Both , small, and large track counts work. However, it's practical, keep Robbies bass guitar, with Robbies bass guitar. 4 vocal harmonies with 4 vocal harmonies, and not broken down to each seperate take located on 9 different tracks. Of course seperate effect sends, and different treatments will also dictate changes, but practicality does account for something. Bussing is an alternative so it's whatever floats your boat. If you edit a lot, it's likely best to consolidate same type tracks.

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by IanM5 on Thu Aug 15, 2019 2:39 pm
Lokeyfly wrote
Lawrence wroteIt really only needs one thing to be - extremely - useful... lanes on the main track layer where you could more easily edit each event.

All great points. Quoting this one in particular because it really resonates that working from a single track is also just easier (in a number of ways) if there's further note editing along the way. Sure, one could bus, to a new track, then edit that for example with Melodyne or transient bending, etc. But streamlining tracks somewhat down, and not up has many benefits. The advantages become more apparent when automating less rather than more tracks, because you have a more linear way of mixing and seeing levels, rather than a bunch of fragmented parts with their own automation. In the end your ears are what matter, but it's sort of like not having your ties in 12 different closets.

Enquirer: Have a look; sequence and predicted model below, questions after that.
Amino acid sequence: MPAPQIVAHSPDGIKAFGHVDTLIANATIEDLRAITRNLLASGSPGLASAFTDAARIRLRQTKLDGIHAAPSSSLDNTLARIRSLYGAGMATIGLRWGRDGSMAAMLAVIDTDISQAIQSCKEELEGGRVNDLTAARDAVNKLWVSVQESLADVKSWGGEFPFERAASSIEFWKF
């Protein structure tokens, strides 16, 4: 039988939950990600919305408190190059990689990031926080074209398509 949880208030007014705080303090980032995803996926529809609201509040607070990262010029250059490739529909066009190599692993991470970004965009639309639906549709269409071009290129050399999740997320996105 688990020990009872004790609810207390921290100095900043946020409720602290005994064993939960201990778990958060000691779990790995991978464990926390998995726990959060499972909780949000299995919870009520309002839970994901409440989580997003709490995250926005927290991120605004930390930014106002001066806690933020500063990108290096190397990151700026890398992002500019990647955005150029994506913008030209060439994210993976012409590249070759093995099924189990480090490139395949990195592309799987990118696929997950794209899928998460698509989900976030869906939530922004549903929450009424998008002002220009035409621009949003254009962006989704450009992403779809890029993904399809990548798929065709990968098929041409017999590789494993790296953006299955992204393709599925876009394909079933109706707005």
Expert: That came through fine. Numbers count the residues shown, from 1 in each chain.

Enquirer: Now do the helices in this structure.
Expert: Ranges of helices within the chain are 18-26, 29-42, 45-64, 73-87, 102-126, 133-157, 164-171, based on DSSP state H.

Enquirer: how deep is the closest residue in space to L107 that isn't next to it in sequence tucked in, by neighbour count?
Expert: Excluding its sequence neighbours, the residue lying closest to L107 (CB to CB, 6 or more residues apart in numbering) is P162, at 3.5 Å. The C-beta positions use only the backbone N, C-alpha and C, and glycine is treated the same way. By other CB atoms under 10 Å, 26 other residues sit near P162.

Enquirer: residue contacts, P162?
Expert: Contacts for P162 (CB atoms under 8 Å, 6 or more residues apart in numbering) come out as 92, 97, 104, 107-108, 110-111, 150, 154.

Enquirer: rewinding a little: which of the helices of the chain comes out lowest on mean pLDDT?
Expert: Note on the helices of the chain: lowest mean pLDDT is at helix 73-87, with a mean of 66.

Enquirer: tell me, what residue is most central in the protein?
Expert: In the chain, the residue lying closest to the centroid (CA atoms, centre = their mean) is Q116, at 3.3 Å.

Both , small, and large track counts work. However, it's practical, keep Robbies bass guitar, with Robbies bass guitar. 4 vocal harmonies with 4 vocal harmonies, and not broken down to each seperate take located on 9 different tracks. Of course seperate effect sends, and different treatments will also dictate changes, but practicality does account for something. Bussing is an alternative so it's whatever floats your boat. If you edit a lot, it's likely best to consolidate same type tracks.